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Indian Summer: The Secret History of the End of an Empire

by Alex von Tunzelmann

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513836,988 (3.96)23
At midnight on August 15, 1947, 400 million people were liberated from the British Empire. With the loss of India, its greatest colony, Britain ceased to be a superpower. This defining moment was brought about by a handful of people: Jawaharlal Nehru, the fiery Indian prime minister; Mohammed Ali Jinnah, the leader of the new Islamic Republic of Pakistan; Mohandas Gandhi, the mystical figure who enthralled a nation; and Louis and Edwina Mountbatten, the glamorous but unlikely couple sent to get Britain out of India. Within hours, their dreams would turn to chaos, bloodshed, and war. Behind the scenes, a secret personal drama was also unfolding, as Edwina Mountbatten and Jawaharlal Nehru began a passionate love affair. Their romance developed alongside Cold War conspiracies, the beginning of a terrible conflict in Kashmir, and an epic sweep of events that saw one million people killed and ten million dispossessed.--From publisher description.… (more)
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English (7)  Spanish (1)  All languages (8)
Showing 1-5 of 7 (next | show all)
A well researched and readable book written many years after the events of the time and reliant on archival material available to research. Includes Maps, Notes, Bibliography, A useful guide to understanding Indian Names, Glossary, Photographs and Index. If interested in the history of India and of Indian Partition which occurred in 1947, this is a detailed account of the period and events both prior to and after Partition. If interested in the human tale behind these events and the lives of leading players throughout, and particularly if you have a fascination with the lives of Louis and Edwina Mountbatten, and Jawaharlal Nehru, you will not be disappointed. ( )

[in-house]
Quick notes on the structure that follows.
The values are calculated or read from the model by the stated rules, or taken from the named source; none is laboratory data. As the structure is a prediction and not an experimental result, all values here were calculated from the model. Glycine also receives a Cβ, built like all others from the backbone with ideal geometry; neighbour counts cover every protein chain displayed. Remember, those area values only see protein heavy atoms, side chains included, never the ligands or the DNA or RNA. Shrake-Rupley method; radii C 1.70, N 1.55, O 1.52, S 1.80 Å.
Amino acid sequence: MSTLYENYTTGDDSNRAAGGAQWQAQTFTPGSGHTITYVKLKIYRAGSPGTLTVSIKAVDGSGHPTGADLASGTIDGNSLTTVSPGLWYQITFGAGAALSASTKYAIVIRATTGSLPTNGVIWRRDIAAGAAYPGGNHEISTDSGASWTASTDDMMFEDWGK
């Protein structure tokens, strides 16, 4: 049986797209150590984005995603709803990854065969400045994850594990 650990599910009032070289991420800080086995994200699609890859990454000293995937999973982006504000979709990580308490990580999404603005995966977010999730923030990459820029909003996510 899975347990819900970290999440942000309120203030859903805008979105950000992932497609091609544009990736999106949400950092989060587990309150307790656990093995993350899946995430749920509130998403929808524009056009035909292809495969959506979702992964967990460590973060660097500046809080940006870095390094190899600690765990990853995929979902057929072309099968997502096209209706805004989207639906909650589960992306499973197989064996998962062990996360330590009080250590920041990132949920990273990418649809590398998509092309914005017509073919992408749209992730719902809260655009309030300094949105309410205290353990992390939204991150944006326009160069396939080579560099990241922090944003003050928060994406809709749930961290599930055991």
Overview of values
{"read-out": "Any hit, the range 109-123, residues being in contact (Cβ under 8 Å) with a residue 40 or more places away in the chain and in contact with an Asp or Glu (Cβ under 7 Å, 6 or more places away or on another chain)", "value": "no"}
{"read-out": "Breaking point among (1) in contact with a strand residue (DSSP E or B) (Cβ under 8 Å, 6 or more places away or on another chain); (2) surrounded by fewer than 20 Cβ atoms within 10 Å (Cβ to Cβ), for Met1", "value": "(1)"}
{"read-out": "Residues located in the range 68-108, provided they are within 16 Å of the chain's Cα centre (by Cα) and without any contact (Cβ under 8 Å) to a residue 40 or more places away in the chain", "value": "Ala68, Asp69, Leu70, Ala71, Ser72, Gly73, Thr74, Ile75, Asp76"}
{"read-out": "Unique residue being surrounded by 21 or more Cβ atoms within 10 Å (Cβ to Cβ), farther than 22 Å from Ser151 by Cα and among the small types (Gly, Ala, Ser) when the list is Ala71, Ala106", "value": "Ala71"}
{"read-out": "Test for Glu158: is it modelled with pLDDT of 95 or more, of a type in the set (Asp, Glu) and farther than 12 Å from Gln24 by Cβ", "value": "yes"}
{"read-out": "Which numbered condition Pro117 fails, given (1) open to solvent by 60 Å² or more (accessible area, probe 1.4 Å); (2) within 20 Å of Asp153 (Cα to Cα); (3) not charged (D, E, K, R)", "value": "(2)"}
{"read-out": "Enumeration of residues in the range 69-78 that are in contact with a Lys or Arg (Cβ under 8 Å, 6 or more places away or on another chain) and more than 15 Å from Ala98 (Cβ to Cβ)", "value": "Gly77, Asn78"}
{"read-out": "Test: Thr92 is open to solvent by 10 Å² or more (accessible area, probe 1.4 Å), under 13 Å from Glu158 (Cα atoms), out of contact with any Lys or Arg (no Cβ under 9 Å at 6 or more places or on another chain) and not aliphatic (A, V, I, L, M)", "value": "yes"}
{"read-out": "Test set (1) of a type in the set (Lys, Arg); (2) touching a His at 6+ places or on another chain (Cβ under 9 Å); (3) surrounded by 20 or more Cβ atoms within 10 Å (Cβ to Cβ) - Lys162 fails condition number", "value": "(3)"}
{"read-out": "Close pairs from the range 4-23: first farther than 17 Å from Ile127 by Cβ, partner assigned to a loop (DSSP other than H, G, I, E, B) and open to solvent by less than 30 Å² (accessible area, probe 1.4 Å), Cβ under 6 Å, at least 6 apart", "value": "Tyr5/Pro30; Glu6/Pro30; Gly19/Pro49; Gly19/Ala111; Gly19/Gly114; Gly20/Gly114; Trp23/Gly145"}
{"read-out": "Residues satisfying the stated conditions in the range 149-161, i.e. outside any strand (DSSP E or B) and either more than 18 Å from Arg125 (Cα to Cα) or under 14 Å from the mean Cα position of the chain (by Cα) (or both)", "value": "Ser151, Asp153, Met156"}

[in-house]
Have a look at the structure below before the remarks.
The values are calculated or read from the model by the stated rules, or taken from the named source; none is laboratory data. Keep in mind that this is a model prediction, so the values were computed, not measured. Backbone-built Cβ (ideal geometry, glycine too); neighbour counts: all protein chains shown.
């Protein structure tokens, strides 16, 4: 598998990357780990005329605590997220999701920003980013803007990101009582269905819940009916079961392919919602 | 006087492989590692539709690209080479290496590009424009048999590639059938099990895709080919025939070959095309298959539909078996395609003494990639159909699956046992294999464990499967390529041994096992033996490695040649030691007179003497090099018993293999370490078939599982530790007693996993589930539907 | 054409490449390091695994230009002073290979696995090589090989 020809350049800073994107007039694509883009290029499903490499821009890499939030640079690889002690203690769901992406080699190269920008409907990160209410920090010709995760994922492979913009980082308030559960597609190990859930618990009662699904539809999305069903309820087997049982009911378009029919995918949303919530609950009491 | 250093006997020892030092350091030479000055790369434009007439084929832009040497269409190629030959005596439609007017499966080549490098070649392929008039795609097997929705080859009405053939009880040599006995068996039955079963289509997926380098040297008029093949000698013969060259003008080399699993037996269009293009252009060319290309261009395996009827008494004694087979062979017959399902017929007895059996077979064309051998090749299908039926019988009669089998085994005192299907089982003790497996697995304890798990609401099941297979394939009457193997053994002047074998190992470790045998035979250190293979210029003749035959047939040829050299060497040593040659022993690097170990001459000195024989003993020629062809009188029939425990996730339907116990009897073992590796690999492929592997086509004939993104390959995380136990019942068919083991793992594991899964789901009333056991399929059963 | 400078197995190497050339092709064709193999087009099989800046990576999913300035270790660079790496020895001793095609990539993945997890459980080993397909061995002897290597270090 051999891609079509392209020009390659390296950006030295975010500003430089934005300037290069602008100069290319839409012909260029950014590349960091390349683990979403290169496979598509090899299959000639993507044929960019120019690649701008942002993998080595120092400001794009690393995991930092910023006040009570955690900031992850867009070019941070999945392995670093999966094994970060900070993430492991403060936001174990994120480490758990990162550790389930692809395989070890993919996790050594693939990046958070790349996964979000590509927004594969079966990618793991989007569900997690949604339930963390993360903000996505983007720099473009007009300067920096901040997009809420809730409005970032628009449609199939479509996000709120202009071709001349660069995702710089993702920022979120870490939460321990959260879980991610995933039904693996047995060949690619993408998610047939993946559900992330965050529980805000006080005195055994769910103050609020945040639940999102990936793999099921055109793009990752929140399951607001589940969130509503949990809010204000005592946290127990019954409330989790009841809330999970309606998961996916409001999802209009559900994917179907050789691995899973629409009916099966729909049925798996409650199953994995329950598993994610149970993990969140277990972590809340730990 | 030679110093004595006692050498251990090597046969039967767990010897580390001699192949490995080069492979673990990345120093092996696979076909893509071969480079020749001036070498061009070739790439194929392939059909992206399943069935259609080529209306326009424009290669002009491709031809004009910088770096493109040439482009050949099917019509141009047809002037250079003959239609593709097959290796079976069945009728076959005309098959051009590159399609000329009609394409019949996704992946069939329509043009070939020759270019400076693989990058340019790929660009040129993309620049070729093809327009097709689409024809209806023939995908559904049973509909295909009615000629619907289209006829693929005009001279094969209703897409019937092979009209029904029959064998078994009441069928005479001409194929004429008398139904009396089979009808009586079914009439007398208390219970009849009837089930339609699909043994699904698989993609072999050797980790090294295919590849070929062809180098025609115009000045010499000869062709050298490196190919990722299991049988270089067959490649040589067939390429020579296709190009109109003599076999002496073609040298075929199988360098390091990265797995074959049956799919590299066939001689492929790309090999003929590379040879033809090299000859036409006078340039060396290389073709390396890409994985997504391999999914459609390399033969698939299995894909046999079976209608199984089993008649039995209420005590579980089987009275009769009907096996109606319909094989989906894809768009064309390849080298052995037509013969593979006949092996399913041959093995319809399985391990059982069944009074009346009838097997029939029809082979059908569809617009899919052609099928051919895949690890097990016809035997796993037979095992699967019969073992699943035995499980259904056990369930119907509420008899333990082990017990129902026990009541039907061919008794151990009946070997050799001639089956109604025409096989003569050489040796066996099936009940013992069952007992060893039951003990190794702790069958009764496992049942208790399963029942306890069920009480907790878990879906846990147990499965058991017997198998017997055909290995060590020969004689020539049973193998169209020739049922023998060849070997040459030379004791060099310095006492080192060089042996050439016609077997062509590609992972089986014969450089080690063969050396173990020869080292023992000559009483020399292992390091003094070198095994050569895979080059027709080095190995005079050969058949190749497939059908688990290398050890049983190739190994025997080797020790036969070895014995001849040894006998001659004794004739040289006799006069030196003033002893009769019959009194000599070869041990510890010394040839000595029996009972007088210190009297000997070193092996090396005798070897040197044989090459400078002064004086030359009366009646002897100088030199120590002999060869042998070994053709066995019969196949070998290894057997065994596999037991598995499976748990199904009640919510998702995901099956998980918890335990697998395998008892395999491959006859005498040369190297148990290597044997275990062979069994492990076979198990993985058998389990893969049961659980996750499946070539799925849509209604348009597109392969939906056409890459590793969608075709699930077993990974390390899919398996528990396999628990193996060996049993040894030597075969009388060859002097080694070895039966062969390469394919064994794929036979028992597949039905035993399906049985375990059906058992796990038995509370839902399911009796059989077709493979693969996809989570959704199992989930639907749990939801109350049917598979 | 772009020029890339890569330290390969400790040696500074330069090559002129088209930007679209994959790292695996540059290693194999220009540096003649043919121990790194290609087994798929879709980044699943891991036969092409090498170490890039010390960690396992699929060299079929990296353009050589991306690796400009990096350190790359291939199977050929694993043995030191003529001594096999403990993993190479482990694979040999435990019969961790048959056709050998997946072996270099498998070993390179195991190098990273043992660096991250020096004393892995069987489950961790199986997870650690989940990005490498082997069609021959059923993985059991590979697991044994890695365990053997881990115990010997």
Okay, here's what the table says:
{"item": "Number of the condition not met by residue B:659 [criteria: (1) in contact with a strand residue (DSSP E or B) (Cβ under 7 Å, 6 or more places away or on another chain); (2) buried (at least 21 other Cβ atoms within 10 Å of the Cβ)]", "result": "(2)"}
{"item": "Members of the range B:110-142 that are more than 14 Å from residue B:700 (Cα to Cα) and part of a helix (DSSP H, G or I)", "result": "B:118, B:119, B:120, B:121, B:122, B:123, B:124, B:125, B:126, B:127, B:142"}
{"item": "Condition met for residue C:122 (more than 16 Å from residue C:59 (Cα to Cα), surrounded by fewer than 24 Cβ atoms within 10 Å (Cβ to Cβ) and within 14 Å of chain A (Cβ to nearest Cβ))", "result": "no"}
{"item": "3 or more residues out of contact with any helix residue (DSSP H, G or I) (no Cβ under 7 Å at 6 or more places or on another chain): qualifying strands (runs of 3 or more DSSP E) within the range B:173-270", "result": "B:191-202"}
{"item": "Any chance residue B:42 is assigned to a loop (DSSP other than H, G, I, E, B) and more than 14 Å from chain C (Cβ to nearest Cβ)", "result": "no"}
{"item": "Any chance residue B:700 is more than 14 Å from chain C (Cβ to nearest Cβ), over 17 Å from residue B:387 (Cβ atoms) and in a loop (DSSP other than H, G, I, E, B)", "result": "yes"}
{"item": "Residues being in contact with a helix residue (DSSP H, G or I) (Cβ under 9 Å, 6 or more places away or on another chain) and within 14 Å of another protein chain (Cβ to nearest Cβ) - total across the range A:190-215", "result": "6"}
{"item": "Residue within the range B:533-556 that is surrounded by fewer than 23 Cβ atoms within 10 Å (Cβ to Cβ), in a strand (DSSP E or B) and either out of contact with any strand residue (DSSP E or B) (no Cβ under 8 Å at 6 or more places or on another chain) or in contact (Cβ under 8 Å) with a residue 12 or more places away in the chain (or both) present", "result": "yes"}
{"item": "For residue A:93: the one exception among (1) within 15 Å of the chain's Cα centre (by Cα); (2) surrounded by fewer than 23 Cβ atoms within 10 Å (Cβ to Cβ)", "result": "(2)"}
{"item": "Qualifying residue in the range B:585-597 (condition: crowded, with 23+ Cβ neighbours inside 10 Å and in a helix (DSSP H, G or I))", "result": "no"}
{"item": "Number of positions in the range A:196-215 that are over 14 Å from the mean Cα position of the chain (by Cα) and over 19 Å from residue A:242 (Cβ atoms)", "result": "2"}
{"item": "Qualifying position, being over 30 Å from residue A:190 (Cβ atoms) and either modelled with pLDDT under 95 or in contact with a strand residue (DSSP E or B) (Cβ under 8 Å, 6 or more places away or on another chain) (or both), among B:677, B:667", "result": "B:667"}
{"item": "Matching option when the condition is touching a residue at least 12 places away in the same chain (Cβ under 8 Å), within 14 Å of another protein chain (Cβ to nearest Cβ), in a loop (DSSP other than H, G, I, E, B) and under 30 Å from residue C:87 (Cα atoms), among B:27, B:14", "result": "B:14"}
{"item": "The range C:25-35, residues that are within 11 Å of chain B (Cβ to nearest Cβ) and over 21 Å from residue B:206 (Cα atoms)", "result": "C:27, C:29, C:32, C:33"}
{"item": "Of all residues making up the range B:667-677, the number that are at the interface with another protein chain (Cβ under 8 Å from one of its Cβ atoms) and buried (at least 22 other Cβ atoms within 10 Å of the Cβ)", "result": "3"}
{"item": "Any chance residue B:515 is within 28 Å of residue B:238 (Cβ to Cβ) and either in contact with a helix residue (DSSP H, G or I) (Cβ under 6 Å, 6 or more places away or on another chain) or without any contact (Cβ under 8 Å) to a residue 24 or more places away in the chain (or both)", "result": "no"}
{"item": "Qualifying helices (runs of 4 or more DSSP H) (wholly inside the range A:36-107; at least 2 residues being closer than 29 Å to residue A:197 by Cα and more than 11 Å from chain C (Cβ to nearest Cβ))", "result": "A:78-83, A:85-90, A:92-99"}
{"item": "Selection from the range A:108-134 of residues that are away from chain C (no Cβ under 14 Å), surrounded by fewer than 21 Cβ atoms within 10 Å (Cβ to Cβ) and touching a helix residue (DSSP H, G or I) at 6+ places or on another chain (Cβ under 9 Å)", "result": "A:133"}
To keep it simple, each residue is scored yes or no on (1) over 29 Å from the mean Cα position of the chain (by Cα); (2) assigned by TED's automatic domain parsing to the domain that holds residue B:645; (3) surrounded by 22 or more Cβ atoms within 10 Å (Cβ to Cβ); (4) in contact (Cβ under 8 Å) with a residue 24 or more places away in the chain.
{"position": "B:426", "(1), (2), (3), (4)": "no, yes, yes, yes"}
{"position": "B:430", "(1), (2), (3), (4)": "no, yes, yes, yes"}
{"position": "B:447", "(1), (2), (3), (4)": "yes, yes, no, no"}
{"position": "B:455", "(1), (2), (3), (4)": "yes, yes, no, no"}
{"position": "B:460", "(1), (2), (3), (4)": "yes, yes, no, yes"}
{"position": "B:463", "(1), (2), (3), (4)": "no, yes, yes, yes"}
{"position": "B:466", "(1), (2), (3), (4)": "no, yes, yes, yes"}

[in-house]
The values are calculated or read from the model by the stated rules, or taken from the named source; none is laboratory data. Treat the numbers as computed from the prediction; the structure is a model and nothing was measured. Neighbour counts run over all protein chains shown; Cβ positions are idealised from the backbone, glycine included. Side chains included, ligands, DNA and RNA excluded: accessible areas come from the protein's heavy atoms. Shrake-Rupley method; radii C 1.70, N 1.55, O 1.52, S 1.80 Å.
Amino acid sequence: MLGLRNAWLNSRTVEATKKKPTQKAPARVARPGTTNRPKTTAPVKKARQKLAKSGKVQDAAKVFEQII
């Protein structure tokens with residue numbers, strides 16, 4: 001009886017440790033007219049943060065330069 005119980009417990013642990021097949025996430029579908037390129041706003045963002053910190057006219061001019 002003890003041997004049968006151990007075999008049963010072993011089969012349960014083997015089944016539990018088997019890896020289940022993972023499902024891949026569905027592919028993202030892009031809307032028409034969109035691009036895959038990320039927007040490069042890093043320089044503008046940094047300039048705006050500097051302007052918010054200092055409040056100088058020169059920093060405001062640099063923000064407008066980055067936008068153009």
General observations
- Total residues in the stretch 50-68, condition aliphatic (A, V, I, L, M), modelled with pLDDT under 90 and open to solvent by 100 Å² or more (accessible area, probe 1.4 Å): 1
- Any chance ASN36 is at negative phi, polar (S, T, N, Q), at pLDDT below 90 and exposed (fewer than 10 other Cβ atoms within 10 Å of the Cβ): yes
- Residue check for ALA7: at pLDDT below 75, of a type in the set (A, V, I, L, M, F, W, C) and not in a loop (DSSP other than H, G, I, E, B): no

Carole46 | Jan 11, 2020 |
Not so secret, but the history is my favorite kind: broad-stroke politics viewed from the actual lives of participants. Beautifully written. ( )
  Eoin | Jun 3, 2019 |
I have two books on this subject - one is turgid (almost unreadable) but this one is easy to read and very well written. ( )
  Mouldywarp | Feb 14, 2017 |
Alex writes well. The style is taut, and the book reads well. At times, it can almost read like a thriller. She has done a good job of writing about the events of the times. It was a very complex period in India's history, one where truths will be very difficult to analyse.

She seems to be clearly fascinated by Nehru and the Mountbatten's. On the other side, she does not seem to be an admirer of Jinnah or Gandhi. This shows. What is missing from the book, is the analysis of how Jinnah went from being a champion of Hindu-Muslim unity to the Champion of Pakistan. He does seem to have been more sinned against than the sinner.

What slips through, unintentionally, is how the ambitions of the various leaders lead to one of the most bloody events in world history. She dwells a lot on the actions of Nehru and Edwina post the events. She does not dwell so much on how much they contributed to this. Certainly, as per her, the relationship between Nehru and Edwina seems to have caused damage to any prospect of India staying as one country. This may have been unintentional, but this is what came through to me.

You can't change history, however. It is done. ( )
  RajivC | Mar 15, 2015 |
http://nwhyte.livejournal.com/1885608.html